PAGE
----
March 14, 2024

Connectivity is backbone of community


            Did you grow up singing “Dem Dry Bones?”

            I did.

            “[The] toe bone connected to the foot bone. [The] foot bone connected to the heel bone. …”

            Sitting in the back of Brunswick’s Glyndale Baptist Church, those silly lyrics scrolled through my mind. We were there to celebrate the life of Jan Bennett Oglesby, who had died on Feb. 13 in faraway Erfoud, Morocco. Jan had been married for 57 years to my lifelong friend John Oglesby.


            Yes, Morocco.

            John and Jan were happiest globetrotting. Jan, a certified travel agent, orchestrated the couple’s adventures to 156 countries—at least once—and all seven continents. Morocco was a favorite destination. While John and Jan were dining with friends in Erfoud, she slumped into John’s arms and died.

            Tragic, yes, but as if scripted by Jan. The accomplished and fun-loving businesswoman drew her last breath in the arms of the man she adored and in the desert air of her beloved Morocco.

            So why was I silently humming “Dem Dry Bones?”

            The analogy is connectivity. How were the Bennetts connected to the pews of Brannens in the church? And how was I connected to those families and the Oglesbys? Jan’s mother, Jessie Lee, was a Brannen who married James Cameron Bennett. The NeSmith-Brannen bonds go back to the early days of the Great Depression.

            When my dad’s mother died Dec. 14, 1933, Grandma Brannen (Lydia Brannen) opened her arms and home to the five motherless NeSmith children. Friendships were forged between the families, and the relationships have carried forth for generations. Grandma Brannen’s nephew, Carey, was my first banker. In 2011 I gave his eulogy.

Thelma (Mrs. Arnie) Brannen was a godsend helping with our children, Alan, Emily and Eric. They called her “Branny” Brannen. We couldn’t have loved “Branny” more if she had been family. Her three daughters, Vivian, Janice and Susan, were at Jan’s funeral.

Janice married Randall Aspinwall, whose parents—Sine and Vada—owned The Pig restaurant. Randall and I were high school football teammates, along with his wife’s cousin, Larry Brannen. Before the funeral, I visited with Gary Priester. His mother—Gussie Brannen Priester—served me barbecue sandwiches on the counter in front of The Pig’s open pit.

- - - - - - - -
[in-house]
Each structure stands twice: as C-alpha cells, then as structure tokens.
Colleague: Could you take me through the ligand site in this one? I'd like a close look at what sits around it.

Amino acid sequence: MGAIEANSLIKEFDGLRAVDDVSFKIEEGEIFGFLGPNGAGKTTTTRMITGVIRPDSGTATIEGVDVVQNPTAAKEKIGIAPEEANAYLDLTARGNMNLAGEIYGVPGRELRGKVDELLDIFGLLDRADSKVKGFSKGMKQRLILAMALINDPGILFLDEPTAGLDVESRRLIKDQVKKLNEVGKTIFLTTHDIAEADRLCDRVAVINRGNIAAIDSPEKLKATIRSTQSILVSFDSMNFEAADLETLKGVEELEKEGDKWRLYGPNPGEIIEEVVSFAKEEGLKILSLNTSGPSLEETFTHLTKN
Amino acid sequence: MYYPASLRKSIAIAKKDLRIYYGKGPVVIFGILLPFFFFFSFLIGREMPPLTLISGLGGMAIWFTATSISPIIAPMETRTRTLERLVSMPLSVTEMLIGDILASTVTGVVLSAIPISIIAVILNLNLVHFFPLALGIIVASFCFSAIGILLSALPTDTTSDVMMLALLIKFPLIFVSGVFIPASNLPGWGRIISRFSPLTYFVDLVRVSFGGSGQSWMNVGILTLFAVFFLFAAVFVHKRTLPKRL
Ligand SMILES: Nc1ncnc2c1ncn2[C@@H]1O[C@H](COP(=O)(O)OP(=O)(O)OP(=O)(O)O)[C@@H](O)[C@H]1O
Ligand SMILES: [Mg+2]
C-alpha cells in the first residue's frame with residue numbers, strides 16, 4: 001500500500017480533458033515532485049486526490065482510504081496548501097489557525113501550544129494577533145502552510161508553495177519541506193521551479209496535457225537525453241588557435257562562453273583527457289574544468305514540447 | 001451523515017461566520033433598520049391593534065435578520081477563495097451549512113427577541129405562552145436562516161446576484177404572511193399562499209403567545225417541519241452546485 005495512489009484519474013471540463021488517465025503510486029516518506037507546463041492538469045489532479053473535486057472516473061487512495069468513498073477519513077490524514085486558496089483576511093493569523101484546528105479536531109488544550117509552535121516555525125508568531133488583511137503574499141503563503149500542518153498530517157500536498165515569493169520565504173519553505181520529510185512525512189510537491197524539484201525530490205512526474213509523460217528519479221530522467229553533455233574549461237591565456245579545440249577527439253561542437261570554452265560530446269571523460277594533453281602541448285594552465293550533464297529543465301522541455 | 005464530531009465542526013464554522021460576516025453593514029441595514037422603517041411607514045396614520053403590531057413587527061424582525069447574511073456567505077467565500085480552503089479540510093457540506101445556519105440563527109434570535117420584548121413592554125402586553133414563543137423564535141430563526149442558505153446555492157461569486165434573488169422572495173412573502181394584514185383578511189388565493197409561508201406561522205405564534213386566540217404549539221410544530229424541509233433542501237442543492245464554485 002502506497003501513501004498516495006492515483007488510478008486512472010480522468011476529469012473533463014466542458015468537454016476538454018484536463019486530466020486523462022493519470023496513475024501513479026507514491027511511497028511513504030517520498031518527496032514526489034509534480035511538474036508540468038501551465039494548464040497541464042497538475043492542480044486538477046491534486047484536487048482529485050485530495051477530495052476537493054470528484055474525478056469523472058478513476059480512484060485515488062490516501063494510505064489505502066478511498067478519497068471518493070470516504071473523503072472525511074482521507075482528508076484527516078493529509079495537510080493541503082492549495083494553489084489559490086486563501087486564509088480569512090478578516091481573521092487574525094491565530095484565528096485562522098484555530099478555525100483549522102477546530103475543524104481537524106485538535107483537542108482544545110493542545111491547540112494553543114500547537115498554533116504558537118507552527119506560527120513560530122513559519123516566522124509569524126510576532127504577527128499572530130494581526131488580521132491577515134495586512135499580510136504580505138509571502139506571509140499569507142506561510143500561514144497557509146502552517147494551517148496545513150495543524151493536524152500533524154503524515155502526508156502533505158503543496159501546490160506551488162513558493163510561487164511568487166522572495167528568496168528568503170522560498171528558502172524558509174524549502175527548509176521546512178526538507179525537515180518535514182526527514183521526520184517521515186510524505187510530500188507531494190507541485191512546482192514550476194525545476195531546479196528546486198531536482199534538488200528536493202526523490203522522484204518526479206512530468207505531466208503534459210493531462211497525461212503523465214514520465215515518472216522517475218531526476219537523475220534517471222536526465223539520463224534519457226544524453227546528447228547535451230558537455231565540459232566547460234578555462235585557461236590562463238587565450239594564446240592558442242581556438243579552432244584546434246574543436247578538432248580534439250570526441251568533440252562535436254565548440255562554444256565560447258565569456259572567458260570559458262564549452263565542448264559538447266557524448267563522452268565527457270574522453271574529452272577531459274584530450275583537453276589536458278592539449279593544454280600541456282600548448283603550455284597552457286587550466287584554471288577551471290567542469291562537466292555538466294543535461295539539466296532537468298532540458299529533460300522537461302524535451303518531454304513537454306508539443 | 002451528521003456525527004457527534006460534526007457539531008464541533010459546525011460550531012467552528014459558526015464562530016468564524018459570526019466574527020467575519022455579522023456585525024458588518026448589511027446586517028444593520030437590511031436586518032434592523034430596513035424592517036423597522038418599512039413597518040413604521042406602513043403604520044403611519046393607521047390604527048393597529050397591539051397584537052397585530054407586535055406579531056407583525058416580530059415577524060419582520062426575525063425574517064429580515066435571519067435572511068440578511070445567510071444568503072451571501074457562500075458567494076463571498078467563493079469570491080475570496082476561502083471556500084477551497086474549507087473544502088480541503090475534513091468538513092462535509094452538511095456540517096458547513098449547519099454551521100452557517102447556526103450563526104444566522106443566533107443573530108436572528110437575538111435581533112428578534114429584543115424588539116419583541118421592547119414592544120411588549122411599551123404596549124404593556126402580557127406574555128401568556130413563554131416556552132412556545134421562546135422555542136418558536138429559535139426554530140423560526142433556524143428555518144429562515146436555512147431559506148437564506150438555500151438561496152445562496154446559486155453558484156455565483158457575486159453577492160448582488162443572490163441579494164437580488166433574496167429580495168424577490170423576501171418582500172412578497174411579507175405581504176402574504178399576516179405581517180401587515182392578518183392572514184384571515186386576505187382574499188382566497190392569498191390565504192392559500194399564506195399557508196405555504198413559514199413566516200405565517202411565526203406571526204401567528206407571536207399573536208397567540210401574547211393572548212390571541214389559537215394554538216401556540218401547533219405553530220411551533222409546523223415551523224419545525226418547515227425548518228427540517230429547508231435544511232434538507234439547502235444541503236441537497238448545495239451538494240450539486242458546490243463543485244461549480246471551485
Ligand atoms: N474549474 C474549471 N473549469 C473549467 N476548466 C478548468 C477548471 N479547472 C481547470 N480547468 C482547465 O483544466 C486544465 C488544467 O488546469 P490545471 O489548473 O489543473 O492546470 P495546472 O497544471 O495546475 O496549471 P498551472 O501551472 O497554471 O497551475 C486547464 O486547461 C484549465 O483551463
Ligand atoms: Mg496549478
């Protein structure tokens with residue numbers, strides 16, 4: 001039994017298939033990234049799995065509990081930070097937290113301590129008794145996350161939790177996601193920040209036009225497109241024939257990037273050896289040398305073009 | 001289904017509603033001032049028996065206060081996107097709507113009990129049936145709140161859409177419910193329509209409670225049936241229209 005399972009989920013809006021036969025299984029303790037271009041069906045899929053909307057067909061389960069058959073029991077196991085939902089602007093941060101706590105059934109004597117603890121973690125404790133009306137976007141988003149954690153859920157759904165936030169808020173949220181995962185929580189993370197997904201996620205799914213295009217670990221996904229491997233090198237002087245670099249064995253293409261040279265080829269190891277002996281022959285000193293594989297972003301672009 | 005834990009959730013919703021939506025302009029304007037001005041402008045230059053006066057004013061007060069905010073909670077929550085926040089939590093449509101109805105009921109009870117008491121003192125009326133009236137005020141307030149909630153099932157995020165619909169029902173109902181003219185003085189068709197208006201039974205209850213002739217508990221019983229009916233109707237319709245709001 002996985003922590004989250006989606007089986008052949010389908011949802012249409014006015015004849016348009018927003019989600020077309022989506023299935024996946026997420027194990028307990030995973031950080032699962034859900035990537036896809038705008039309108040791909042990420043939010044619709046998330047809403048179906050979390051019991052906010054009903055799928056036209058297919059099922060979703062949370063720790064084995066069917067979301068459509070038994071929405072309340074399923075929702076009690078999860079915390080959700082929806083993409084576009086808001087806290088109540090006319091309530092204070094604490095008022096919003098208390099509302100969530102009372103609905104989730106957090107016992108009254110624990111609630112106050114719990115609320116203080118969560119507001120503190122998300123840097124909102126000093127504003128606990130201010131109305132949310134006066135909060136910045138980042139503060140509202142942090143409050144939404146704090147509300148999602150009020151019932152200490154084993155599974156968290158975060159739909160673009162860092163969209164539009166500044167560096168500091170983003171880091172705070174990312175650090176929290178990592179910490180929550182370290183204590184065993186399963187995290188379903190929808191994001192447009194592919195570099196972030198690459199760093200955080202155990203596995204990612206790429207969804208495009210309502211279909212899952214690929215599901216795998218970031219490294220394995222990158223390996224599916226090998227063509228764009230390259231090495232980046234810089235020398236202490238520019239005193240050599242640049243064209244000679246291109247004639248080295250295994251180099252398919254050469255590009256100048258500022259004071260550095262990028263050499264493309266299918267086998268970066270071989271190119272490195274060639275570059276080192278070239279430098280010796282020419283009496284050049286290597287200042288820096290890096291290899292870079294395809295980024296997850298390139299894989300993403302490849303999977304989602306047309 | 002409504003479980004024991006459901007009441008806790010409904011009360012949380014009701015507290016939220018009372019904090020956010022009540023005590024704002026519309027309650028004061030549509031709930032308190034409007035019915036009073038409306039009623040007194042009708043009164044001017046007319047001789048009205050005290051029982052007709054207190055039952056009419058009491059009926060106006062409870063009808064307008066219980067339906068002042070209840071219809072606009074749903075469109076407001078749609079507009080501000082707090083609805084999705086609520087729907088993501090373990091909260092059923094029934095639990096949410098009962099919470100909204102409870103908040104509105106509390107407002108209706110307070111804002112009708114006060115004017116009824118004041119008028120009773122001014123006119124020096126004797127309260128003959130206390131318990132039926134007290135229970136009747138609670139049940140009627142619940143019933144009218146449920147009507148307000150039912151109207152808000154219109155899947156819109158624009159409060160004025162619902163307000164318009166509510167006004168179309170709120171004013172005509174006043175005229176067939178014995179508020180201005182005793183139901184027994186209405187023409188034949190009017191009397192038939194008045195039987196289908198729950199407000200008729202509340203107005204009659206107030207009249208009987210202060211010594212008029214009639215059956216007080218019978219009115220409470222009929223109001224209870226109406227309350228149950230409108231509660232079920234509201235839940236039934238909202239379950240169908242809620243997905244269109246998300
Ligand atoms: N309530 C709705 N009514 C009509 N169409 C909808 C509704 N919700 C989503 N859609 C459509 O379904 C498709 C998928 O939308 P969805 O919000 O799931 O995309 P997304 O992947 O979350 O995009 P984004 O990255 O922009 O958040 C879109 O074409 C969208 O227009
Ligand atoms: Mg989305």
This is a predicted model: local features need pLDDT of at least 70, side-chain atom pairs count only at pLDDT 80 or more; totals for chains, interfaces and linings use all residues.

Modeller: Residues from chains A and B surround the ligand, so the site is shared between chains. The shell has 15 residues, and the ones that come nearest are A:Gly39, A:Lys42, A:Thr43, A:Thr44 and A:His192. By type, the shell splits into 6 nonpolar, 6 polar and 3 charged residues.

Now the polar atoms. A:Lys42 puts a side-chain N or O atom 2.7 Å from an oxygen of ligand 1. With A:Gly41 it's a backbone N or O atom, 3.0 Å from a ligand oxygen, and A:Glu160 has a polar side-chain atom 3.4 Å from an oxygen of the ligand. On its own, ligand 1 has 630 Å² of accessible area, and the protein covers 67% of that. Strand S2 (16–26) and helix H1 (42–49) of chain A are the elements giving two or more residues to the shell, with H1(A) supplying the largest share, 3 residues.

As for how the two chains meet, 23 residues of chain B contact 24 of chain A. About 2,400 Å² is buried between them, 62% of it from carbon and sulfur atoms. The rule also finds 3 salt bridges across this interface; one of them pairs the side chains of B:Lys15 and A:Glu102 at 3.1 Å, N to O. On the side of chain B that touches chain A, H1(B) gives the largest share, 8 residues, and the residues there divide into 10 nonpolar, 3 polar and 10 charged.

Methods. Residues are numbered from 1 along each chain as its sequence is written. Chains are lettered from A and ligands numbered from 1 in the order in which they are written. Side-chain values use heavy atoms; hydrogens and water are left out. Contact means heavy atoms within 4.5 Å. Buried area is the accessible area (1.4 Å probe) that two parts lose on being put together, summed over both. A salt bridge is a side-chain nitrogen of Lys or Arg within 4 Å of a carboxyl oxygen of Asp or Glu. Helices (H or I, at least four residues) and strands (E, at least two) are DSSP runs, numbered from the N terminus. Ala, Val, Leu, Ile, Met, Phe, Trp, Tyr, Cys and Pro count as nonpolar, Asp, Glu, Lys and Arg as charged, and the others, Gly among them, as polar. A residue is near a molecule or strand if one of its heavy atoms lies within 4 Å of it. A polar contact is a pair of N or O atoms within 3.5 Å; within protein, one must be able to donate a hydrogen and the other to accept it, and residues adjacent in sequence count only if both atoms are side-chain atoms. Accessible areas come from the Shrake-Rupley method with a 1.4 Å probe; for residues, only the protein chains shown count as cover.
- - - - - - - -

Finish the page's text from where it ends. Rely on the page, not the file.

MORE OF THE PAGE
“[The] knee bone connected to the thigh bone. …”

            Circa 1958, Dink and Margie NeSmith took their brood to Cameron Bennett’s farm. I remember running barefoot and playing with Bennett children. There were eight of them, including John’s future wife, Jan. As the sun was setting, one of the Bennett boys asked my mother, “Mrs. NeSmith, can Henry spend the night with us?”

            “Henry? Who’s Henry?”

            The Bennett lad pointed at me and said, “That little boy over there.”


            Well, the Bennett kids had been stumbling with “Dink,” so I told them, “Just call me Henry.” (That’s my given middle name.)

            The next year, VFW’s Little League coach Ted Oglesby traded with Rayonier’s coach J.B. Smith for a skinny, buzzcut outfielder. Coach Oglesby said, “You look like a catcher.” His son, John, was the pitcher. We became more than teammates.

            And when the coach’s wife, Ruth, began her weekend graduate studies at the University of Georgia, she invited me to tag along with John. Without Mrs. Oglesby, I doubt that I would have discovered Athens.

Thanks to my connection with her, there are 10 UGA degrees among the eight adults in my immediate family. And on the days our eight grandchildren were born, I paid for their lifetime memberships in UGA’s Alumni Association to make sure all 16 of us were Red-and-Black “certified.”

            Near the end of Jan’s service, I slipped out and scooted back to Jesup for another must “connection.” As Joy Bland Kenerly was giving her mother’s eulogy, I eased into the back pew. To say Margie Bland’s life was as bold and colorful as her paintings would be an understatement.

When her late husband, Jim, was a bachelor, he was my first babysitter. David Bland’s wife, Arria (Fender), was a babysitter for our children. Now she’s a grandmother.  

If our ties to the Bland, Kenerly and Fender families were string, they could be rolled into a ball as big as Jim’s swamp-muddied International Scout. Remembrances of Margie deserve more ink, much more, but I’ll save those for another day.

Driving away from the First United Methodist Church, the lyrics of “Dem Bones” resurfaced. Just as the ankle bone is connected to the leg bone, I am connected to countless families and friends in my hometown.

After all, connectivity is the backbone of a community.